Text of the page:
A story written by INEGBENOISE OSEODION OSAGIE. (07068221839, 08093828575, [email protected])
Ezinne remained behind the cornered cherry tree. No other vantage could be better. She watched her man on the turf try to lure Bakare out. Time had elapsed and the coward had not yet showed himself. He ought to have appeared fifteen minutes ago and everything supposed to have been over. She eyed her wristwatch. Bakare always did the unexpected, cowardly or cunningly. Whatever way he chose to operate, she would send him to where he belonged—the fieriest pit of hell.
A minute passed. She peeked to her man. His face had grown thin, bowed to his phone screen with fingers on its buttons, probably dialling the coward.
The coward finally showed himself, but not the way he should. He tiptoed behind her man and when he got close, clutched her man’s neck with an arm. He said something into her man’s ear and brought out the gun hidden in her man’s waist. How did he manage to see the gun?
Bakare freed him and said something inaudible. She strained ears to get any word.
“What were you thinking?” he asked with a high pitch, rounding her man and scrutinizing him. “This place belongs to me. You think you can play games with me? I was here twenty minutes before you arrived. I saw you check and crack your gun.” He whirled the gun round a finger. “What’re you doing here with a gun?” She couldn’t hear the other things he said.
She reached for the pistol tucked in her trouser, stroked its surface and glanced at Bakare, who hovered round her man. She eyed her gun and dipped a finger in its muzzle—the perfect nose to breathe out the wind of death to a man deserving worse. A shoot from her vantage might be a miss, and the gun meant for backup was in the coward’s hands, glued to it as he hovered round her man. He wouldn’t hover around forever.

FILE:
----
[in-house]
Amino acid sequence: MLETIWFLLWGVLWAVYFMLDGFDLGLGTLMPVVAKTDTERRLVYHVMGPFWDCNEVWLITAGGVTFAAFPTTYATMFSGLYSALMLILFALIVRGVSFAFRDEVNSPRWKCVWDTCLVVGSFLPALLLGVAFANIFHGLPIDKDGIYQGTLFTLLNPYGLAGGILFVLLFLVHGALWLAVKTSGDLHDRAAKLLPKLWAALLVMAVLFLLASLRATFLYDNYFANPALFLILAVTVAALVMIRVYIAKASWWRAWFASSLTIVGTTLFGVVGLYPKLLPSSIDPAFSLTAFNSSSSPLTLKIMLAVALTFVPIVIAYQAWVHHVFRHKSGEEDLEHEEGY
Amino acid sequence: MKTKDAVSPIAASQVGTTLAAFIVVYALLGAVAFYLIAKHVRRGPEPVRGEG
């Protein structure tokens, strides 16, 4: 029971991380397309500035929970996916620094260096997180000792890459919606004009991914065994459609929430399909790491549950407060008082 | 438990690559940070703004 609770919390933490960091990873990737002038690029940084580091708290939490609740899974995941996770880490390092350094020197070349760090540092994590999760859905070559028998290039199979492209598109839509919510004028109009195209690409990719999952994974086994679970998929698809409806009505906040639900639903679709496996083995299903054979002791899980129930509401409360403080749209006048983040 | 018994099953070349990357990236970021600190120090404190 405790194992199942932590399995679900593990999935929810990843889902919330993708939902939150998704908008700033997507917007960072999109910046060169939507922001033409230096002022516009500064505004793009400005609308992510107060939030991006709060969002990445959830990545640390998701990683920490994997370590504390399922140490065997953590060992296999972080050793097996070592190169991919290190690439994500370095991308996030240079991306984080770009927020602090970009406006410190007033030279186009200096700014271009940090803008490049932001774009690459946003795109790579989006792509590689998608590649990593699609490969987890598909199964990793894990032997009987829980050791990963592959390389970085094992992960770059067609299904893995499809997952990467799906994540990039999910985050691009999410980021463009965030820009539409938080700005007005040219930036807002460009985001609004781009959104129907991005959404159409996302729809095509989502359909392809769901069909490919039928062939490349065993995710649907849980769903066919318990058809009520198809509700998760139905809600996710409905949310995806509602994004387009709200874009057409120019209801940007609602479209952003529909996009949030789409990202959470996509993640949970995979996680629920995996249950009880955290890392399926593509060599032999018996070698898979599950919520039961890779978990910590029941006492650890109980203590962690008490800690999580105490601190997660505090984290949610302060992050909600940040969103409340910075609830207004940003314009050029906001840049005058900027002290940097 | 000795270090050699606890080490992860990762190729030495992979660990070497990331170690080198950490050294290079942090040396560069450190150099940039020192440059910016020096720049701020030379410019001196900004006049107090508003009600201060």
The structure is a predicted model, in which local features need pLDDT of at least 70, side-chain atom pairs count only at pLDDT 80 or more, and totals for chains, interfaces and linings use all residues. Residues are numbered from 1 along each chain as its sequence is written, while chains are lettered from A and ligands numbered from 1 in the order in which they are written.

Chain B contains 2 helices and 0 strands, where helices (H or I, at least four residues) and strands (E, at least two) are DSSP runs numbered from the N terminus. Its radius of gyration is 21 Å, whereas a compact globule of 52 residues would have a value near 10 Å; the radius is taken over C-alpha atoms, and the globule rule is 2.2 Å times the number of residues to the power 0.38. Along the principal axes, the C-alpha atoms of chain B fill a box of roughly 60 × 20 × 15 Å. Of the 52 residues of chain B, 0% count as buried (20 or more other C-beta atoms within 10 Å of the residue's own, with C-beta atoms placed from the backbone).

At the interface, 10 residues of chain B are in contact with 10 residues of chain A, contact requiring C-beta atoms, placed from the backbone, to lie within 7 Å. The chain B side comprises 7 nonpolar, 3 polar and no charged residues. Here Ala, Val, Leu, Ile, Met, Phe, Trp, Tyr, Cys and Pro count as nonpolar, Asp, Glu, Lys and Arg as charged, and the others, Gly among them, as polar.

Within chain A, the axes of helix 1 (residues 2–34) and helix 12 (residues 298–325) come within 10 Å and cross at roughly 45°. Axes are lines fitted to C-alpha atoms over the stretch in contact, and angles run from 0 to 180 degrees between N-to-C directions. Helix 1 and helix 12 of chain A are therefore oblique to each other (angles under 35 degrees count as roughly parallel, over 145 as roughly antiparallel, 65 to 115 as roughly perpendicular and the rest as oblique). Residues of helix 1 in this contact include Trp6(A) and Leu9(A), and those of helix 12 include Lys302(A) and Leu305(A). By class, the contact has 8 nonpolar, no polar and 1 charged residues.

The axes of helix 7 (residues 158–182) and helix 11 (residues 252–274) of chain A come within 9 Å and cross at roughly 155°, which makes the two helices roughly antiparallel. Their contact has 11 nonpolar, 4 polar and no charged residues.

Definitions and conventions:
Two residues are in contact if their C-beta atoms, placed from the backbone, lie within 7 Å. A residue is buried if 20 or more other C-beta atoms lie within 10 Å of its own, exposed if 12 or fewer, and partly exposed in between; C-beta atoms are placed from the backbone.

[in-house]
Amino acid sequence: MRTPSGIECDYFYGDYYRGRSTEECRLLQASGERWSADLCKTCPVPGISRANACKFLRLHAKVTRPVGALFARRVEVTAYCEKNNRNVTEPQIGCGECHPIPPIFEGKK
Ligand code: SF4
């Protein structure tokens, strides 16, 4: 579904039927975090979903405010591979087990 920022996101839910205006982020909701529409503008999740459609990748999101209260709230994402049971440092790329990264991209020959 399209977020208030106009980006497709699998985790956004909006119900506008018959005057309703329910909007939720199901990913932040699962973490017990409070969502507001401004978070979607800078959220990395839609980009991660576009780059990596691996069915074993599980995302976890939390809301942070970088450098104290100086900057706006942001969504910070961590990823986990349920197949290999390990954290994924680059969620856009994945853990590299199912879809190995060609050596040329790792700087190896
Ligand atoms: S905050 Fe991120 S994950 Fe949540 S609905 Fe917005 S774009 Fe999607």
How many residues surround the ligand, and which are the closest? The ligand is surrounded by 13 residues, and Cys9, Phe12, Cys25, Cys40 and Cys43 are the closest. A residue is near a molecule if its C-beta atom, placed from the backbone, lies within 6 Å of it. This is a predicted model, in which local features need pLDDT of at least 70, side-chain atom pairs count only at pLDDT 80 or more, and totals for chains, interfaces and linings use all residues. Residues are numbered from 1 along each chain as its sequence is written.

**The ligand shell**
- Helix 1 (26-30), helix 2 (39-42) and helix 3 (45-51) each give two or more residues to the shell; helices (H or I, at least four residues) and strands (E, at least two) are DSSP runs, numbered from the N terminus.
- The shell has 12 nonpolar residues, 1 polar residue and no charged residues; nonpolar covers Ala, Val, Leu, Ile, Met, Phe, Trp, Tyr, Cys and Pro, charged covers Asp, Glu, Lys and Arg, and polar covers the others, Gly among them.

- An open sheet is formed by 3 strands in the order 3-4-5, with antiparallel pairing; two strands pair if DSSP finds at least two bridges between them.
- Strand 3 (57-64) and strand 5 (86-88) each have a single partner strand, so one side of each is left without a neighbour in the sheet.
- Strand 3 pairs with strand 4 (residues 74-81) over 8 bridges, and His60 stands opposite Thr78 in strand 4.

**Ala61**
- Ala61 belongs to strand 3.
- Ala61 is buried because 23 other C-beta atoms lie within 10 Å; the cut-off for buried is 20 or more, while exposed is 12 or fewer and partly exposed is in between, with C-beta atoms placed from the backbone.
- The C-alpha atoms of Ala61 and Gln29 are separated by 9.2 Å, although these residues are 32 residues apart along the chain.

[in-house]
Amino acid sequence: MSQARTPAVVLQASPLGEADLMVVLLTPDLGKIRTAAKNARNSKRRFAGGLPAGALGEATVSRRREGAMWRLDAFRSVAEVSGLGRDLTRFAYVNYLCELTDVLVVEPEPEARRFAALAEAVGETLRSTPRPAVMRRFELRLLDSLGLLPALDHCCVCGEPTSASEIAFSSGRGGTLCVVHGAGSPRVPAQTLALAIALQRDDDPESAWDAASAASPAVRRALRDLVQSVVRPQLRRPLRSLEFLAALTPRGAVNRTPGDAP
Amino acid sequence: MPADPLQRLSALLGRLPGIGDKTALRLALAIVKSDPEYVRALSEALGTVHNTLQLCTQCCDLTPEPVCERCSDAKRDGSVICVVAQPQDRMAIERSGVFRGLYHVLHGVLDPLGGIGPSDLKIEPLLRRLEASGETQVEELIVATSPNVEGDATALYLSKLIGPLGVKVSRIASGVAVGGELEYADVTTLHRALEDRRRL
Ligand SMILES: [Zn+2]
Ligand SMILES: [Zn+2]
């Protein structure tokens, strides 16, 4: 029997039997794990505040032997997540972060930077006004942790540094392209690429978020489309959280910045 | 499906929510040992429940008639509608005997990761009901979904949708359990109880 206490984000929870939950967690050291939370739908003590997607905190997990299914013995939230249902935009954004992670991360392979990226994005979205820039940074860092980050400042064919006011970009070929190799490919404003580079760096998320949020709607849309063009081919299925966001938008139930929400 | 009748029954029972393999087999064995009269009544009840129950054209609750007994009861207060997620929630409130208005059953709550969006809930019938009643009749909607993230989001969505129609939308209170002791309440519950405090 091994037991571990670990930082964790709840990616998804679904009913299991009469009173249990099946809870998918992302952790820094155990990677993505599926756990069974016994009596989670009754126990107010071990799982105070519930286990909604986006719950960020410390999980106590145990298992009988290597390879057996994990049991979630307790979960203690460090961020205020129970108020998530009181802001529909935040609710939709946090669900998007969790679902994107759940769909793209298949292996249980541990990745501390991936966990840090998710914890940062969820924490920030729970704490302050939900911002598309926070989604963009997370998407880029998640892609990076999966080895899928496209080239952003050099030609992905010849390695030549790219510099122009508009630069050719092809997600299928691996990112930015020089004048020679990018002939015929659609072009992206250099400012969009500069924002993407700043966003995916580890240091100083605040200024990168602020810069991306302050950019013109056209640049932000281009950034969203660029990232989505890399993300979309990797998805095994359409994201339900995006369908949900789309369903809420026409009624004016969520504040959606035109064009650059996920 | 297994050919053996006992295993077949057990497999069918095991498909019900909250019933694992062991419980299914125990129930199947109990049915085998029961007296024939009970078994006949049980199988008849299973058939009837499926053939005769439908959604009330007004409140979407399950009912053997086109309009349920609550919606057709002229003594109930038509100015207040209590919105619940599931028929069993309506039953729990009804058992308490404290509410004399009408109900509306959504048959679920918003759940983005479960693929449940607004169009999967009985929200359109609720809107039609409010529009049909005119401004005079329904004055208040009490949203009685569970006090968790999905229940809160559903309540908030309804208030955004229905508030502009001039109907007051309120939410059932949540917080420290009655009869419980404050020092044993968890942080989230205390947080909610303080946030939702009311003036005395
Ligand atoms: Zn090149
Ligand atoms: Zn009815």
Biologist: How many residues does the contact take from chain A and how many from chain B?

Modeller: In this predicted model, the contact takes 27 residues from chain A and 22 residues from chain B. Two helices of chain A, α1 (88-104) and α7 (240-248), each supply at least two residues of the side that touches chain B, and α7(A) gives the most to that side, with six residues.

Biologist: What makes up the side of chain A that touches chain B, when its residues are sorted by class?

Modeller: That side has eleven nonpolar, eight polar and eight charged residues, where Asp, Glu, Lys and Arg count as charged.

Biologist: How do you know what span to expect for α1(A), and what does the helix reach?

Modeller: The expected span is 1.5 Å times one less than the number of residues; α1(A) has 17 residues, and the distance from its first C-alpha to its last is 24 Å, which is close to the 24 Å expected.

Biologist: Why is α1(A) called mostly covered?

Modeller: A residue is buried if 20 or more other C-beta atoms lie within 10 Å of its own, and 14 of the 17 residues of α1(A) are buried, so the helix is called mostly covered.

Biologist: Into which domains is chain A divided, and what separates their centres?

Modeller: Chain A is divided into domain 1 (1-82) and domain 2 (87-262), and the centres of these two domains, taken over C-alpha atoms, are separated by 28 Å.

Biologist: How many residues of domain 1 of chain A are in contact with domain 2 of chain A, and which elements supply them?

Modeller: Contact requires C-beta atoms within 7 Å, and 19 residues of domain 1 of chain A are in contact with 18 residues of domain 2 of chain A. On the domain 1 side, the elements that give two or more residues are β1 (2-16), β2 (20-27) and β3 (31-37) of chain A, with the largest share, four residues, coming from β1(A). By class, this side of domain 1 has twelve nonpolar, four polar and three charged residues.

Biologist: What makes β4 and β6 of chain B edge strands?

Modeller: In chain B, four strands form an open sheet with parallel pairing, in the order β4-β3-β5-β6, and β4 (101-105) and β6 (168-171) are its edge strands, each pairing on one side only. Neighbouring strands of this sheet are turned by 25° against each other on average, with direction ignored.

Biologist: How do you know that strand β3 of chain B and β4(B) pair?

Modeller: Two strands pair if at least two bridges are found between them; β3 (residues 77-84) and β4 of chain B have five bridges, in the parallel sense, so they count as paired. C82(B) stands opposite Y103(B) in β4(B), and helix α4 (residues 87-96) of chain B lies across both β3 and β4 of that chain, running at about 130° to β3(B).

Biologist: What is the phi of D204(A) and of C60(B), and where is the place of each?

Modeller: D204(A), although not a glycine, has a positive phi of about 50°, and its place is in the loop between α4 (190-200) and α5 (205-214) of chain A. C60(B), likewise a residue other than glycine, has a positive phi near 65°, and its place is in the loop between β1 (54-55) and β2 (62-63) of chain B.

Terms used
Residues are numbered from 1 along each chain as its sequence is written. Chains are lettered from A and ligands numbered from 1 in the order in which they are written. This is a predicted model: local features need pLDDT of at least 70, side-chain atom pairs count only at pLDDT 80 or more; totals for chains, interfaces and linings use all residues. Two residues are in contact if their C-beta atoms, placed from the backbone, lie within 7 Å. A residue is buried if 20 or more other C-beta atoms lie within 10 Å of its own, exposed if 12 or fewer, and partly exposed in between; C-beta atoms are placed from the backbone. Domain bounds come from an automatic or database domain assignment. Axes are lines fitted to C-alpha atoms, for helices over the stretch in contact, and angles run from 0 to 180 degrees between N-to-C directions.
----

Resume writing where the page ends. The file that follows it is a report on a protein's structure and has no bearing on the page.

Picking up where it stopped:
Some strings of her braid swirled to the wind. She pushed them back and tied them properly.
Her man spoke audible enough. “What do you expect? This is a deal and I hold guns in my deals. It’s my ethic.”
“The previous two deals, I saw no gun. If I had, there’d have been no deal” Bakare cursed him. “I don’t hold guns and don’t deal with people that hold guns.”
“Everyone in this trade hold guns.”
“I do understand that, but what I don’t understand is cracking a gun at the place of meet. I saw you crack this gun.” He whirled it round his finger. “What else could it mean? I don’t play games, and I hate people playing games with me.”
“All right I’m sorry. The gun is in your hands. Now go get me my heroin. I want to get out of here.”
“Why would I trade with you?”
“Because I have the money and you have what I need.”
Bakare said something too faint for her ears to pick. His pitch rose. “I’ll give you your heroin, but not because of the money; I have a million others to trade with. I’ll give you because of the third party involved—the woman. She shouldn’t suffer from your…” His voice ceased. Ezinne stretched ears further and gained more of his bass. “Wait here,” he told her man. “Don’t move. Remember I’m the man with the gun, and I beg you not to dare me.”
He stepped backwards, not letting his eyes totally go off her man. She tried securing an eye contact with her man but refrained. Any eye contact with him was risky and now wasn’t the time for risks.
Later, Bakare stalked back to the turf, holding the bag of rubbish.
To Be Continued…